4.6

31 July, 2011 by katelaity

Gustave reached into his satchel and pulled out a much-stained notebook. He took another swallow of wine, then opened the notebook to a blank page. The poet began to rummage through his pockets while the alchemist looked on.

“I have a pencil here somewhere,” he said as he continued to pat his clothing. At last he located the object in his breast pocket and looked at it with something akin to surprise.

Maggiormente pushed away his nearly empty glass. “I should leave you to your labours and get back to my own.”

Gustave looked stricken. “No, mon ami! I need you here!”

The alchemist frowned. “Whatever for? I don’t have a poetic bone in my body.” He threw his arms wide as if to demonstrate the fact, nearly striking the passing waiter in so doing.

The poet threw up his hands. “Look how far you have taken me already. I would still be in the depths of despondency if it were not for you.”

“But love,” Maggiormente shrugged. “I know nothing of that art.”

A desperate look lit his face. “But that is what I need! Your clear-eyed wisdom. Love as alchemy, a volatile compound.”

The alchemist laughed. “I don’t know any thing about love, my friend. If I can help somehow, I suppose I shall.” He sat down once more and reached for the wine. If he had to assist the poet, surely more wine was a necessity. For a moment, Maggiormente thought with guilt of the Venetian lion back at the work room. Eduardo would be displeased to be longer neglected.

On the other hand, Eduardo tended to do as he pleased, so there was little to be done.
He would doubtless amuse himself.

“I suspect you will be very helpful as I try to compose. It helps to have someone to bounce the ideas off, as it were.” The poet ran his fingers through his hair as if to stir up some thoughts.

“Well, how do you usually start?”

“I have a theme—”

“Well, you do.”

“Yes, but,” the poet paused. “It’s not a visual theme.”

“You need to see groveling?”

“I’m not groveling.”

“You need to grovel.” Maggiormente nodded sagely. “You need to grovel a lot.”

“I need to show her why she is so important to me, why I had to ask her to seek perfection in her work.”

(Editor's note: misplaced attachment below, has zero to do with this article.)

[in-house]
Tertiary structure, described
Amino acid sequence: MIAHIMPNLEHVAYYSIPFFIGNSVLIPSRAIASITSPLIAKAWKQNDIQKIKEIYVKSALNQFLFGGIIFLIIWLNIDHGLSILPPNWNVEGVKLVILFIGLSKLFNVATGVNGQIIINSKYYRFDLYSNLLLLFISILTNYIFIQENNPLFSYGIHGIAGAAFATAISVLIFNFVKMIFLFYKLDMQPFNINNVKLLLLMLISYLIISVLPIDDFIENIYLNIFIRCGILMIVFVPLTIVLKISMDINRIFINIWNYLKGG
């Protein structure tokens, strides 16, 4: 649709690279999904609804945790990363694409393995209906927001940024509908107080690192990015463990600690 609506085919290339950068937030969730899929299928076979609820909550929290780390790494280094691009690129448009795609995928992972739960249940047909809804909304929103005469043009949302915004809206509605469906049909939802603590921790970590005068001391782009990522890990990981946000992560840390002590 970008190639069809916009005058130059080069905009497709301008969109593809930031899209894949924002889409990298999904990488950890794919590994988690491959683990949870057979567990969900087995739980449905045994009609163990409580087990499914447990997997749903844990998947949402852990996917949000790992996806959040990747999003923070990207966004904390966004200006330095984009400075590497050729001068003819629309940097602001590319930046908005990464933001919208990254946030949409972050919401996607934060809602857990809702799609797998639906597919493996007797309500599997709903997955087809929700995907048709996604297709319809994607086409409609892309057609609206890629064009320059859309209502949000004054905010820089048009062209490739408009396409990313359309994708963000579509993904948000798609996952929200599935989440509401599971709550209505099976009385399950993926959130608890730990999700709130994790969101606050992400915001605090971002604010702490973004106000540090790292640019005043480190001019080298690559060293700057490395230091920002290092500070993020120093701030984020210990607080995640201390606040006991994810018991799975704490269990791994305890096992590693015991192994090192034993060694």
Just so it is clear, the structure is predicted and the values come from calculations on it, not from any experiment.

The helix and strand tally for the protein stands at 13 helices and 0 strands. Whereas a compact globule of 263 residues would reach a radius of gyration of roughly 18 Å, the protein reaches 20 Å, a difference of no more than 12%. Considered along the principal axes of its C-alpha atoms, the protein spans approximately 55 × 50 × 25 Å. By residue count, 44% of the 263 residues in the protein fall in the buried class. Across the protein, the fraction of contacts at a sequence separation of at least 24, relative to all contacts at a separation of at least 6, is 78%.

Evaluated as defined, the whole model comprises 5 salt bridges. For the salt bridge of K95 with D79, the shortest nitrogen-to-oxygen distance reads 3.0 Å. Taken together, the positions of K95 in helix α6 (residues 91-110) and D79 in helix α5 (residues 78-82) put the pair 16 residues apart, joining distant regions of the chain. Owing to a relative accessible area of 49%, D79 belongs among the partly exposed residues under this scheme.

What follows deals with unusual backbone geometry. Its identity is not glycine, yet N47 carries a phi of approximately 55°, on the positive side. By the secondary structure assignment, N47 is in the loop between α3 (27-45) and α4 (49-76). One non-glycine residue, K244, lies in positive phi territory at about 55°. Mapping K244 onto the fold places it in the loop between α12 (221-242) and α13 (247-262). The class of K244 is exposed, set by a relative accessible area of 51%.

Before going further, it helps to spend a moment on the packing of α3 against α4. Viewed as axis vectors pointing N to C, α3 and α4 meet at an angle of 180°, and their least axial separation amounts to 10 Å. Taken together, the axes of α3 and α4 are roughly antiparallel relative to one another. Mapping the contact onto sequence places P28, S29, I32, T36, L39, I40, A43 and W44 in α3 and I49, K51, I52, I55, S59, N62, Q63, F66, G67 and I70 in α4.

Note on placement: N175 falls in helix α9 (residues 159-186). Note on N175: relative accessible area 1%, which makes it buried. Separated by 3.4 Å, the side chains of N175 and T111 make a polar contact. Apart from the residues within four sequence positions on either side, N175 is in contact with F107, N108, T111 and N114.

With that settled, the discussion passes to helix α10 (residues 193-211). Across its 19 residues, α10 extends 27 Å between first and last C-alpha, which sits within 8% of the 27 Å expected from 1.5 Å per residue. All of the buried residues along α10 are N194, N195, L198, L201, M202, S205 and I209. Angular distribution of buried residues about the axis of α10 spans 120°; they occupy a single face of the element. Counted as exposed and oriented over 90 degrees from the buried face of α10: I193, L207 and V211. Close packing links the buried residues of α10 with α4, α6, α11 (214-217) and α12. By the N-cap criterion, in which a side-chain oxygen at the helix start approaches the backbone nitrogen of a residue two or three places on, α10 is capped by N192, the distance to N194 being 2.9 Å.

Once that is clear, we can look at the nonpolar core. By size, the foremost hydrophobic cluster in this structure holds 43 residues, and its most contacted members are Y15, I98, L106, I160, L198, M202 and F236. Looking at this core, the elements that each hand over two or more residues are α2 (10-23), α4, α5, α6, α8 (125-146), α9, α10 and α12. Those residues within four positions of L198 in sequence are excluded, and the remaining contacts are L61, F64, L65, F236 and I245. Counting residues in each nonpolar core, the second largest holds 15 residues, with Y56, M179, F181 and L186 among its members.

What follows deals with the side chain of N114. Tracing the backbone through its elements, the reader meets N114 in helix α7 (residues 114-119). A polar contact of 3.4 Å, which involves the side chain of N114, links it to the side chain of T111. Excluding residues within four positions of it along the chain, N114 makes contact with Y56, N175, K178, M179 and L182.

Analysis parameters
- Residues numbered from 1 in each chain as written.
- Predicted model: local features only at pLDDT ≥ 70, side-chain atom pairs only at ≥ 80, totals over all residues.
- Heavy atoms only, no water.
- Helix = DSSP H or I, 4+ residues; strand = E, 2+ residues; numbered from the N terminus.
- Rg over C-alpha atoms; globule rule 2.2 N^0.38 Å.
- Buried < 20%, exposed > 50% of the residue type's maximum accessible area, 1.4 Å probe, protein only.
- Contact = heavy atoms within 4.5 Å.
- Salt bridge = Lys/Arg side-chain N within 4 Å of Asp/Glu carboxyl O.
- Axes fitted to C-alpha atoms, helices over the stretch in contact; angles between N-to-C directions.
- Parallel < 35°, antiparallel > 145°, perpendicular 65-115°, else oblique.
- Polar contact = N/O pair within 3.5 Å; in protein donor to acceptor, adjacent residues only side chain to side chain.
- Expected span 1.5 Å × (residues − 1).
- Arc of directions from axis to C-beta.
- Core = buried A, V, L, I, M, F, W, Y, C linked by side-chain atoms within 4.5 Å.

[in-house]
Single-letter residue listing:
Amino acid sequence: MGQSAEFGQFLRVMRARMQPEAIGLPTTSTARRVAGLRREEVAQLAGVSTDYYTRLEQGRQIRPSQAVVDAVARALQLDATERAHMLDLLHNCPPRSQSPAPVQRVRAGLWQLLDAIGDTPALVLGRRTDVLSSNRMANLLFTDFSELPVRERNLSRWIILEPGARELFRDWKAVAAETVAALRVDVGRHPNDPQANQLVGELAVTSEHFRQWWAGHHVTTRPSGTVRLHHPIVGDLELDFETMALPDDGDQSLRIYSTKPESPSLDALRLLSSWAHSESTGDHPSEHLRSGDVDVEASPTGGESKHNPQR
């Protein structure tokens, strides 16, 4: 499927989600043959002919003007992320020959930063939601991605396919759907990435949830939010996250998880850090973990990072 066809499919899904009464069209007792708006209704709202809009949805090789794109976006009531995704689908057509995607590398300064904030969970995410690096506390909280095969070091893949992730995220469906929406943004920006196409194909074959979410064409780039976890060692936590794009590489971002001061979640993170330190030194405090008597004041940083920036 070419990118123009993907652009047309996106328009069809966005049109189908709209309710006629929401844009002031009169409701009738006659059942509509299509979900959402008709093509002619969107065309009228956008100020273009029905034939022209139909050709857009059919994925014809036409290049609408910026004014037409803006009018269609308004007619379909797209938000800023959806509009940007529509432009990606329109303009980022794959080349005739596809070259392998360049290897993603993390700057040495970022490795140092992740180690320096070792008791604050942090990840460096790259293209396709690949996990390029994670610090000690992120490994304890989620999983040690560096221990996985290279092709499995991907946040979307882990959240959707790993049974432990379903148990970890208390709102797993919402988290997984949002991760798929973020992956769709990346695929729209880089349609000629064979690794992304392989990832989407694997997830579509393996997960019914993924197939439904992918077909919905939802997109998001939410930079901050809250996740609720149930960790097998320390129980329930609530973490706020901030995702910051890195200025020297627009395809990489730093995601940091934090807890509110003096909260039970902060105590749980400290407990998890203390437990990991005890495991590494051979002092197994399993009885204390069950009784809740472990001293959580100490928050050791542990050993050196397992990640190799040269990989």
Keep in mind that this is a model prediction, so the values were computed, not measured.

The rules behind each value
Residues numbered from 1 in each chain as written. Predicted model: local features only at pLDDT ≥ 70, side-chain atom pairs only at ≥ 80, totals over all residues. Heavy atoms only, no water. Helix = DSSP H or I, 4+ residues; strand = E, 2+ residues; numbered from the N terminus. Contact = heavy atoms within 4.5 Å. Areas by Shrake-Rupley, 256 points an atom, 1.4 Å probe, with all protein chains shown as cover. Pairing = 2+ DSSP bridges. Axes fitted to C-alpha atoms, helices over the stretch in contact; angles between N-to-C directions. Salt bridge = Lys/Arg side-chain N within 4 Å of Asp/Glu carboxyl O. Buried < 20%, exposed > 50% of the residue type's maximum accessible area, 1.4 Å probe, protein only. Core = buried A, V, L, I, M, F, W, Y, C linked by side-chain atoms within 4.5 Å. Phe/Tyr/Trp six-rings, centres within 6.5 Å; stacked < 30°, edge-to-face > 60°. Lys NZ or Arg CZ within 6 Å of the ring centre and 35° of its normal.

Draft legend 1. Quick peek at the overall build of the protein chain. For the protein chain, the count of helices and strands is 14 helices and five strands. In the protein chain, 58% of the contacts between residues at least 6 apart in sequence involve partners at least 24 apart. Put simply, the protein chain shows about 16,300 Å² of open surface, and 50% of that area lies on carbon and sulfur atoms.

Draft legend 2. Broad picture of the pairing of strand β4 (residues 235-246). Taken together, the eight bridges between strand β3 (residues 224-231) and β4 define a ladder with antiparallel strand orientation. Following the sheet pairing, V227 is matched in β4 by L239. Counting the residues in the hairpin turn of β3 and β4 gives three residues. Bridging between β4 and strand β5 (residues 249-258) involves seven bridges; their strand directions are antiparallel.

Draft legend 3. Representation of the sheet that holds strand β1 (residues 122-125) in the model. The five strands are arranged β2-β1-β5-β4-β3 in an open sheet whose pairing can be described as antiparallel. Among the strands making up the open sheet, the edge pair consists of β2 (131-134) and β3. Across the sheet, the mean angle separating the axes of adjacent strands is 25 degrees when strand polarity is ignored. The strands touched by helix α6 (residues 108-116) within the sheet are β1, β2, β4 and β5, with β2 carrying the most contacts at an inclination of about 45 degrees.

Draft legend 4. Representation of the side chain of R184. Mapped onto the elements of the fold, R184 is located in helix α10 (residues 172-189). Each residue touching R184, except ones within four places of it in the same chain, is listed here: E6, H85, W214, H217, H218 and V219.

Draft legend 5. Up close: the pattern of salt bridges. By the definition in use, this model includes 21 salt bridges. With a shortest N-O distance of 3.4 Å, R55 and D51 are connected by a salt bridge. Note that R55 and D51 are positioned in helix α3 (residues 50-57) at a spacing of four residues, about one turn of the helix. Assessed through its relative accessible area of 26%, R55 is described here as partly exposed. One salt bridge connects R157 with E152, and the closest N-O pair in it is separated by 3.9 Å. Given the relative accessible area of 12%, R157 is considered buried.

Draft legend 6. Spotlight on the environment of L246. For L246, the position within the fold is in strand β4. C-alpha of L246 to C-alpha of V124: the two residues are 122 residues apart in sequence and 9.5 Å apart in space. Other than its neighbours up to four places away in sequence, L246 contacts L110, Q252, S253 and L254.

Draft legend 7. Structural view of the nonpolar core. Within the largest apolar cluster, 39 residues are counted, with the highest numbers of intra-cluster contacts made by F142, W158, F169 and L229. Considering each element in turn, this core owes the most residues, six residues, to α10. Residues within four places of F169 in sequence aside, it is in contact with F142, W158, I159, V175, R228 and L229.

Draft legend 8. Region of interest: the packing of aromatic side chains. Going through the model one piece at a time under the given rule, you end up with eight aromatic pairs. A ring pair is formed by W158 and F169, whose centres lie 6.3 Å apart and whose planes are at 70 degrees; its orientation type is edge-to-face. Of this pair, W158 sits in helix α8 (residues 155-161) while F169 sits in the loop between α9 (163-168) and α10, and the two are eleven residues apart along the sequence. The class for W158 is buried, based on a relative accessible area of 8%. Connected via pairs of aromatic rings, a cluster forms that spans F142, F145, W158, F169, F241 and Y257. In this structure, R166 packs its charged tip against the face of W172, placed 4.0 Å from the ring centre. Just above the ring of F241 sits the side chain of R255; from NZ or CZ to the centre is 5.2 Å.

“I think you ought to steer away from any attempt at corrective observations until you have actually convinced her to listen to you.”

“Good plan.” Gustave put the pencil to the page, then paused again. “So…what should I write about?”

“How about her…eyes?” The alchemist frowned in thought. “They burn like the sun.”

“No, no,” the poet also frowned. “Her eyes are nothing like the sun…”

“Well, what colour are they?”

Gustave sighed. “Green like the moss deep in the forest, like a wet glen at the bottom of a wild waterfall.”

Maggiormente nodded. “Yes, yes. That’s good.”

“Do you think so?” Gustave but the pencil, screwing his mouth up into a bow.

“Yes, of course, of course. Write it down!”

The poet stared. “But—”

“You can always change it afterward, but it’s important to get the first impressions down.”

“Do you think so?” The poet repeated.

Maggiomente made an explosive sound of annoyance. “If you don’t get down these raw thoughts at the start, you lose the magic. It’s important to capture the rich pearls of inspiration—even if you rub most of them away.”

Gustave stared at him open-mouthed. “Is this alchemy?”

The alchemist shrugged. “Doesn’t poetry work the same way?”

The poet sighed. “When it does.”

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